- ItemOpen AccessWorkplace violence and mental health of paramedics and firefighters(2019-04) Setlack, Jennifer; Glenwright, Melanie (Psychology); Johnson, Edward (Psychology) Brais, Nicolas (Psychology)Paramedics and firefighters are at a higher risk for developing psychopathologies due to frequent exposure to traumatic incidents inherent within their work. In addition, current research shows that this population also experiences high levels of workplace violence due to their often unpredictable and dangerous work environments. The purpose of this study is to examine the relationship of workplace violence and traumatic events to psychopathology in emergency services workers with the secondary aim of investigating how coping styles and self-compassion may moderate this relationship. A convenience sample of firefighters (N = 117) and paramedics (N = 129) were recruited from the Winnipeg Fire Paramedic Service. Participants completed a series of online self-report questionnaires on Qualtrics, measuring PTSD, depression, anxiety, stress, burnout, workplace violence, self-compassion and coping skills. The study used a cross-sectional design to determine the influence of workplace violence on psychopathologies. Workplace violence was shown to have pervasive impacts on psychopathology and burnout in paramedics, but not in firefighters. Self-compassion is generally protective for both groups, but it is particularly helpful for paramedics that have experienced greater workplace violence. Behavioral disengagement and self-blame were associated with higher levels of PTSD for firefighters and paramedics. The implications of this research, understanding the relationship between workplace violence and mental health, may inform emergency services departmental policies. These policies may act to protect current firefighters and paramedics and may have the potential to improve working conditions and career longevity for future practitioners in this field.
- ItemOpen AccessDo Questions Get Infants Talking? Infant Vocal Responses to Questions and Declaratives in Maternal Speech(Wiley, 2017) Reimchen, Melissa; Soderstrom, MelanieMaternal questions play a crucial role in early language acquisition by virtue of their special grammatical, prosodic and lexical forms, and their abundance in the input. Infants are able to discriminate questions from other sentence types and produce rising intonations in their own requests. This study examined whether caregiver questions were related to the quantity of infant vocalizations. Thirty-six infants aged 10 and 14 months participated in a laboratory play session with their mothers. In separate blocks, mothers were instructed to ask questions and to refrain from asking questions. Both block-level and utterance-level analyses found no evidence that maternal questions affected the amount of infant-response vocalizations. Mothers of 14-month-olds (but not 10-month-olds) tended to repeat questions.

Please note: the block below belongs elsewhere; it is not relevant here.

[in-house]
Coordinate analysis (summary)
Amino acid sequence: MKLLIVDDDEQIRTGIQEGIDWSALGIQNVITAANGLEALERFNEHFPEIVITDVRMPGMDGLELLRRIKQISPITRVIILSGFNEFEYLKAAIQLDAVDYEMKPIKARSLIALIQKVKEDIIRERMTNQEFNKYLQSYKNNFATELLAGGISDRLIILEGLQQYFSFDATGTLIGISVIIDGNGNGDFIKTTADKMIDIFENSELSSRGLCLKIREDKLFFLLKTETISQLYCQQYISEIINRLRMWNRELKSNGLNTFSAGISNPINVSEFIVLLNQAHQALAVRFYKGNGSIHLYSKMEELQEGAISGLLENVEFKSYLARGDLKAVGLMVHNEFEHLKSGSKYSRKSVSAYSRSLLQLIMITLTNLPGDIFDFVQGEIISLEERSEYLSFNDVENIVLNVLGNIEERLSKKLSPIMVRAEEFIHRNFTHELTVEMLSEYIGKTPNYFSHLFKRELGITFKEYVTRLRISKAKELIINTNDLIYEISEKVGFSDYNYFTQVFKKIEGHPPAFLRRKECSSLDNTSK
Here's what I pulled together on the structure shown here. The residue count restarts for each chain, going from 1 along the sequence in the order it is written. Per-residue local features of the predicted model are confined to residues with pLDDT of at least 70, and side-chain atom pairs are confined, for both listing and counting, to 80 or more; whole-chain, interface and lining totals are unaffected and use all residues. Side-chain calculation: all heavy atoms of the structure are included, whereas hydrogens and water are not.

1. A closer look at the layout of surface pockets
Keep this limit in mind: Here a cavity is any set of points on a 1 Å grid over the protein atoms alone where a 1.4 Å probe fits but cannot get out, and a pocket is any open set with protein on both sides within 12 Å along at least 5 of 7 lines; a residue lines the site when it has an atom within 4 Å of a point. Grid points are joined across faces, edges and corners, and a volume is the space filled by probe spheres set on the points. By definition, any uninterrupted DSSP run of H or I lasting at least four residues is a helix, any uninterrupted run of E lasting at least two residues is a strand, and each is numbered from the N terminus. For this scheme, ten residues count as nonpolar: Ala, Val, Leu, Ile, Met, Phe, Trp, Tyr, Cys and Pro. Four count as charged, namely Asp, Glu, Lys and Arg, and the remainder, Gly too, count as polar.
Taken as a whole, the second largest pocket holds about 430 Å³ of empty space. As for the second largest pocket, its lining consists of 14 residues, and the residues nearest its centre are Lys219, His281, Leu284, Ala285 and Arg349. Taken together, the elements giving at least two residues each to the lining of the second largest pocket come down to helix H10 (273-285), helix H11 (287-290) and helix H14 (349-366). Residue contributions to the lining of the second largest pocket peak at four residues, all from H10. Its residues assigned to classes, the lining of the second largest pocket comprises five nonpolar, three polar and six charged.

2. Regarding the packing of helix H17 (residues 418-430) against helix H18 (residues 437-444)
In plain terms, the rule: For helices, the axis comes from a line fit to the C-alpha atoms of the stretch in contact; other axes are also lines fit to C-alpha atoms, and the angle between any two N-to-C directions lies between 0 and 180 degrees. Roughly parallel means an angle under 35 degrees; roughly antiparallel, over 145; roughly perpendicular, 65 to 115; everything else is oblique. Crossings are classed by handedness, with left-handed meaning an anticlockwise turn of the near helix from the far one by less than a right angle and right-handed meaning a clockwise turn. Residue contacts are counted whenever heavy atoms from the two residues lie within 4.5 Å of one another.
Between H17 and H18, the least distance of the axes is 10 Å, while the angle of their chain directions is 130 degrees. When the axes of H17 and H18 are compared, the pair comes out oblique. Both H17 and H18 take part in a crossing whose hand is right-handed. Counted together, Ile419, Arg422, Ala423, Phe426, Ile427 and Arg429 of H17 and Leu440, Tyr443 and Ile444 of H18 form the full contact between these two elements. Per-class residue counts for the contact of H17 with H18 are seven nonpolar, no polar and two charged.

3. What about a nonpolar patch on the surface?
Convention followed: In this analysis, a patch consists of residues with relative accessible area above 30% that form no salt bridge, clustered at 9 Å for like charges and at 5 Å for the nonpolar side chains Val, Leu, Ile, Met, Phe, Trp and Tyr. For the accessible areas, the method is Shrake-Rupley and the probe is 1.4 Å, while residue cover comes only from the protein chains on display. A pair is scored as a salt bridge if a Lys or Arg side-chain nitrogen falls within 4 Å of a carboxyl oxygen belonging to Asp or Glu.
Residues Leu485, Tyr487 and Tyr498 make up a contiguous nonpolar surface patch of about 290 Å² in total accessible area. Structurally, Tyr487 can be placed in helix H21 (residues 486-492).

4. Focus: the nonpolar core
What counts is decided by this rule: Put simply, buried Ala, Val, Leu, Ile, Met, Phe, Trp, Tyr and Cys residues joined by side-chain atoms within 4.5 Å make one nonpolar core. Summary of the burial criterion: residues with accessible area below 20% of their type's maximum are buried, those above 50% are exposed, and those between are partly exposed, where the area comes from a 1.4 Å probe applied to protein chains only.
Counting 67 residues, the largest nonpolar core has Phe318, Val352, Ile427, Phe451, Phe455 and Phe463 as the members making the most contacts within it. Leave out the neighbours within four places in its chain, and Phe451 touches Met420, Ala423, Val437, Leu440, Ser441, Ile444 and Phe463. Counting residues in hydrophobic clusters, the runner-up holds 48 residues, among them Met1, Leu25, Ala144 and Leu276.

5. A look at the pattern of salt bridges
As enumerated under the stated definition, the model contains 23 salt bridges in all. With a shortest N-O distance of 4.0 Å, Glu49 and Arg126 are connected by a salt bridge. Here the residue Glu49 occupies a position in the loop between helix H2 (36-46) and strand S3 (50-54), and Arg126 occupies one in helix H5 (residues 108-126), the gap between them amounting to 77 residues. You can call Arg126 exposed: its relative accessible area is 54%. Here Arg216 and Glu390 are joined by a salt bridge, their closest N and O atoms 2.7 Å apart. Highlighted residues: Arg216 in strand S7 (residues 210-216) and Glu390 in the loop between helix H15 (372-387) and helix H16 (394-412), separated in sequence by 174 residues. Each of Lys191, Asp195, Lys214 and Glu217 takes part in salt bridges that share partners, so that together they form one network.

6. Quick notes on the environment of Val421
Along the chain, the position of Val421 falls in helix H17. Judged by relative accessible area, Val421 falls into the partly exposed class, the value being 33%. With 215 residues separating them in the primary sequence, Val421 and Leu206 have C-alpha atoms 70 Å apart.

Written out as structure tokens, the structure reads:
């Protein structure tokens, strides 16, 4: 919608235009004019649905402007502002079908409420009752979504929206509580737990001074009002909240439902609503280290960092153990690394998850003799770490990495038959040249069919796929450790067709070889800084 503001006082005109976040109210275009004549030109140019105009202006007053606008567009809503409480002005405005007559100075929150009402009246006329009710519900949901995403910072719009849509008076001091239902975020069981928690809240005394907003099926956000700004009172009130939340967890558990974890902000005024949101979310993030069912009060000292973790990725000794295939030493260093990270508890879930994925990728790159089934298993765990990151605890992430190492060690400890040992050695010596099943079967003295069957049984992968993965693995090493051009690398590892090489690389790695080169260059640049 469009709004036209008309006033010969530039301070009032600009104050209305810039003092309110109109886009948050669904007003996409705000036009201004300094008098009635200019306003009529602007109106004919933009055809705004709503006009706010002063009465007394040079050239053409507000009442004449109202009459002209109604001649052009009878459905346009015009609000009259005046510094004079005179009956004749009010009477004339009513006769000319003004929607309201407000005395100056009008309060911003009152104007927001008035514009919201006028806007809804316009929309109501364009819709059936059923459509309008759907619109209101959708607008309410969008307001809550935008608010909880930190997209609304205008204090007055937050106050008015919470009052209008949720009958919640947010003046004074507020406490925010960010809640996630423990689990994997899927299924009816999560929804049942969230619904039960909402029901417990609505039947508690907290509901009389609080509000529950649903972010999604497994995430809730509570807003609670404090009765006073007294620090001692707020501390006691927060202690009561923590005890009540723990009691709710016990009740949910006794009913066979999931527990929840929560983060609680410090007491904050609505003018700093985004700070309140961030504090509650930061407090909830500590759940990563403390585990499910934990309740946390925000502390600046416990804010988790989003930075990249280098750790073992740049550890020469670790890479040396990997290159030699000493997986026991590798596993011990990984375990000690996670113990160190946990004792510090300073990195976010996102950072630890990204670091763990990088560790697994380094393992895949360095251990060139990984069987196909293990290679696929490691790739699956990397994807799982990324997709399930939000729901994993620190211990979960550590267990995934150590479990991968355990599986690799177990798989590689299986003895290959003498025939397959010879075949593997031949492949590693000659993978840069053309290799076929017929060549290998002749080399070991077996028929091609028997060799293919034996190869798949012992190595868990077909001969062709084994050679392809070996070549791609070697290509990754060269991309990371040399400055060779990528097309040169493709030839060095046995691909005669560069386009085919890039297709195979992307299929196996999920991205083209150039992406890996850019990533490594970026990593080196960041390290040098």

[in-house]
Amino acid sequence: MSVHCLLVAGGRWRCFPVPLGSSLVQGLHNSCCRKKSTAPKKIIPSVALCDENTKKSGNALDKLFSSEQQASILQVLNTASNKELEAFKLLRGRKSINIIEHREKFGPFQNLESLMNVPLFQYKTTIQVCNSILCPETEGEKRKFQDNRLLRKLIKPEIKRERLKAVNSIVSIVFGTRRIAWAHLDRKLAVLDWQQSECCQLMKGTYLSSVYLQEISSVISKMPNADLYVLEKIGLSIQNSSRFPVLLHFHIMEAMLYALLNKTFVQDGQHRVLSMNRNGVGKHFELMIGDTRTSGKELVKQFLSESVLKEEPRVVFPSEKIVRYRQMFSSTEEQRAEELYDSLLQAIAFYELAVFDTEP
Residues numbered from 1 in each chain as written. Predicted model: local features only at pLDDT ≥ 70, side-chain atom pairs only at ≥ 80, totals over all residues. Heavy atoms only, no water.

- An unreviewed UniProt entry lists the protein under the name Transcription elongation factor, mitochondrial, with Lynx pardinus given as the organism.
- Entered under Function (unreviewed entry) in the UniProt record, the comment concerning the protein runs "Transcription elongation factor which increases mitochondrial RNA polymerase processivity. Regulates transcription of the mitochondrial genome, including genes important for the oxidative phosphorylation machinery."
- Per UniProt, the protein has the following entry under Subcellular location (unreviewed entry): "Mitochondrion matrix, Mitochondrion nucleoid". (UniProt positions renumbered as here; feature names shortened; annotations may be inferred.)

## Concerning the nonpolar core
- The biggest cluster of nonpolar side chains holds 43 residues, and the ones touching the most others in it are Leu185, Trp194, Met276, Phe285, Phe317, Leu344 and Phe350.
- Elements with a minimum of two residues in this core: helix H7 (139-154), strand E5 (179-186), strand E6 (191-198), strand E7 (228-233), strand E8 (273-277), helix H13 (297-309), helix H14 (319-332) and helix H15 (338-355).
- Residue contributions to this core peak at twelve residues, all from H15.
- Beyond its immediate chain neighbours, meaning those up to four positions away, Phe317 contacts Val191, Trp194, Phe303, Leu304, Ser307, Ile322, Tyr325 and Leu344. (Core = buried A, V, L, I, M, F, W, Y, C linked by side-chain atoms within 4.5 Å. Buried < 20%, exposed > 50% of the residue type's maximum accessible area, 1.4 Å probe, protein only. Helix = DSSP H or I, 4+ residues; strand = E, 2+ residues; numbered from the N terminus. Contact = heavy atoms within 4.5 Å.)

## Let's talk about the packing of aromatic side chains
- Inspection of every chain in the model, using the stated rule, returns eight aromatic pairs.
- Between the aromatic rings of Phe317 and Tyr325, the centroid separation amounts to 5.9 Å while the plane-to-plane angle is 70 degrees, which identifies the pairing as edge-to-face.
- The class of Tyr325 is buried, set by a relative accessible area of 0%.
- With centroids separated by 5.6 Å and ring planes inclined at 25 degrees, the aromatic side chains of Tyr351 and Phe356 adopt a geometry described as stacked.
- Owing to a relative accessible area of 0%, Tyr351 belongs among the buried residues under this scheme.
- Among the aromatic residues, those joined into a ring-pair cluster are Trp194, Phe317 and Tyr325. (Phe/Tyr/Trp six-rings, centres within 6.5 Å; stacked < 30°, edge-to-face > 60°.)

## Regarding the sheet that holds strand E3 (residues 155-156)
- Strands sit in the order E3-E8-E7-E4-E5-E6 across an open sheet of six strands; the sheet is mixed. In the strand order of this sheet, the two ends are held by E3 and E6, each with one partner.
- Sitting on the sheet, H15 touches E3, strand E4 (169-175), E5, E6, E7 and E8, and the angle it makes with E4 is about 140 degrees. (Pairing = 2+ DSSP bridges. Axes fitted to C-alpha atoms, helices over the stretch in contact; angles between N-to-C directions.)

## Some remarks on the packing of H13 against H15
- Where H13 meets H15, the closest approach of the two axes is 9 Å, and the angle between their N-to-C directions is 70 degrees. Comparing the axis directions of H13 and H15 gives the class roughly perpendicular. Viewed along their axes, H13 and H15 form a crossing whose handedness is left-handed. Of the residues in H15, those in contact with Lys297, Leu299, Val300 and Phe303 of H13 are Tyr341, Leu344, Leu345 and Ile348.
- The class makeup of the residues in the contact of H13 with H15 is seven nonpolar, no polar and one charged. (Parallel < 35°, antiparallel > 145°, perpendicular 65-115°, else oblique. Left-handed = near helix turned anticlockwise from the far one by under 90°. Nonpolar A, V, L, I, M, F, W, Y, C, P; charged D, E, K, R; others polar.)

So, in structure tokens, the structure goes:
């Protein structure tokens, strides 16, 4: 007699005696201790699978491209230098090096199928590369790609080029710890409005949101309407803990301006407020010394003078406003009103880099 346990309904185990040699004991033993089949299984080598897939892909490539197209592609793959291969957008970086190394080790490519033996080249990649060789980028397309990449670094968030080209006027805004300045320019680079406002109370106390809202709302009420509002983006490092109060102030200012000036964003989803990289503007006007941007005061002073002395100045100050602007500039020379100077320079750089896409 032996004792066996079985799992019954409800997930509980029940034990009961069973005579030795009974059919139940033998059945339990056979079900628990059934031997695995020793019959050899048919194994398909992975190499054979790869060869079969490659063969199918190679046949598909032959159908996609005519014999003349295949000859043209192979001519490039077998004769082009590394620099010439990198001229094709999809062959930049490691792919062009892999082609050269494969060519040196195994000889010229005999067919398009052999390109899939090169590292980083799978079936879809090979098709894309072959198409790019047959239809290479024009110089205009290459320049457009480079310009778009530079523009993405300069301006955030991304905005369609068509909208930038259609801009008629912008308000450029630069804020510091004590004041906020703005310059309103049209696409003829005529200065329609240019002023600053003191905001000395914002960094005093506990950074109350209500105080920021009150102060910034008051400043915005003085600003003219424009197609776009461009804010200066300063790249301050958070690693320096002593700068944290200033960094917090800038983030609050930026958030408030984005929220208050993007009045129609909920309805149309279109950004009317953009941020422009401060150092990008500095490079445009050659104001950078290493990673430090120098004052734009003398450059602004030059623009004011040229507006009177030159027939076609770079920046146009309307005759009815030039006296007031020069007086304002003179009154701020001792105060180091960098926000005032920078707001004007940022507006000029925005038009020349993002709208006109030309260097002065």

- ItemOpen AccessGrasping in a Cluttered Environment: Avoiding Obstacles Under Memory Guidance(2019) Abbas, Hana H; Marotta, Jonathan JHumans often reach to remembered objects, such as when picking up a coffee cup from behind our morning paper. When reaching to previously seen, now out-of-view objects, we rely on our perceptual memory of the scene, to guide our actions (Milner & Goodale, 1995). Based in relative coordinates, encoded perceptual representations may likely exaggerate the risk associated with nearby obstacles. For instance, a cereal bowl next to our coffee cup may be judged as larger than it really is under memory-guided conditions, resulting in a more cautious obstacle avoidance approach to best prevent a messy collision. In contrast, when visual information is available up to the point when a reach is initiated, the precise positions of objects relative to the self are likely to be computed and incorporated into a motor plan, allowing for finely tuned eye-hand maneuvers around positioned obstacles. The objective of this study was to examine obstacle avoidance during memory-guided grasping. Eye-hand coordination was monitored as subjects had to reach through a pair of obstacles in order to grasp a 3D target. The availability of visual information underwent a between-subjects manipulation, such that reaches occurred either with continuous visual information (visually-guided condition), immediately in the absence of visual feedback (memory-guided no-delay condition), or after a 2-s delay in the absence of visual feedback (memory-guided delay condition). The positions and widths of obstacles were manipulated, though their inner edges remained a constant distance apart. We expected the memory-guided delay group to exhibit exaggerated avoidance strategies, particularly around wider obstacles. Results revealed subjects were able to effectively avoid obstacles in the visually-guided and memory-guided no-delay conditions, though overall performance was poorer in the no-delay group, resulting from the inability to use visual information for the online control of action. Still, subjects in these groups consistently altered the paths of the index finger and wrist and adjusted the index finger position on the target object to accommodate obstacles that obstructed the reach path to different degrees. Contrary to expectation, the memory-guided delay group resorted to a more moderate strategy, with fewer instances of altered index finger and wrist paths or adjusted index finger positions on the target object in response to positioned obstacles, though successful grasps were still seen. In other words, subjects reaching to remembered objects tended to use a “good enough” approach for avoiding obstacles. In conclusion, obstacle avoidance behaviour, driven by our stored perceptual representations of a scene, appears to adopt a more moderate, rather than exaggerative, strategy. This work was funded by Research Manitoba, NSERC CGSM, and NSERC Discovery Grant.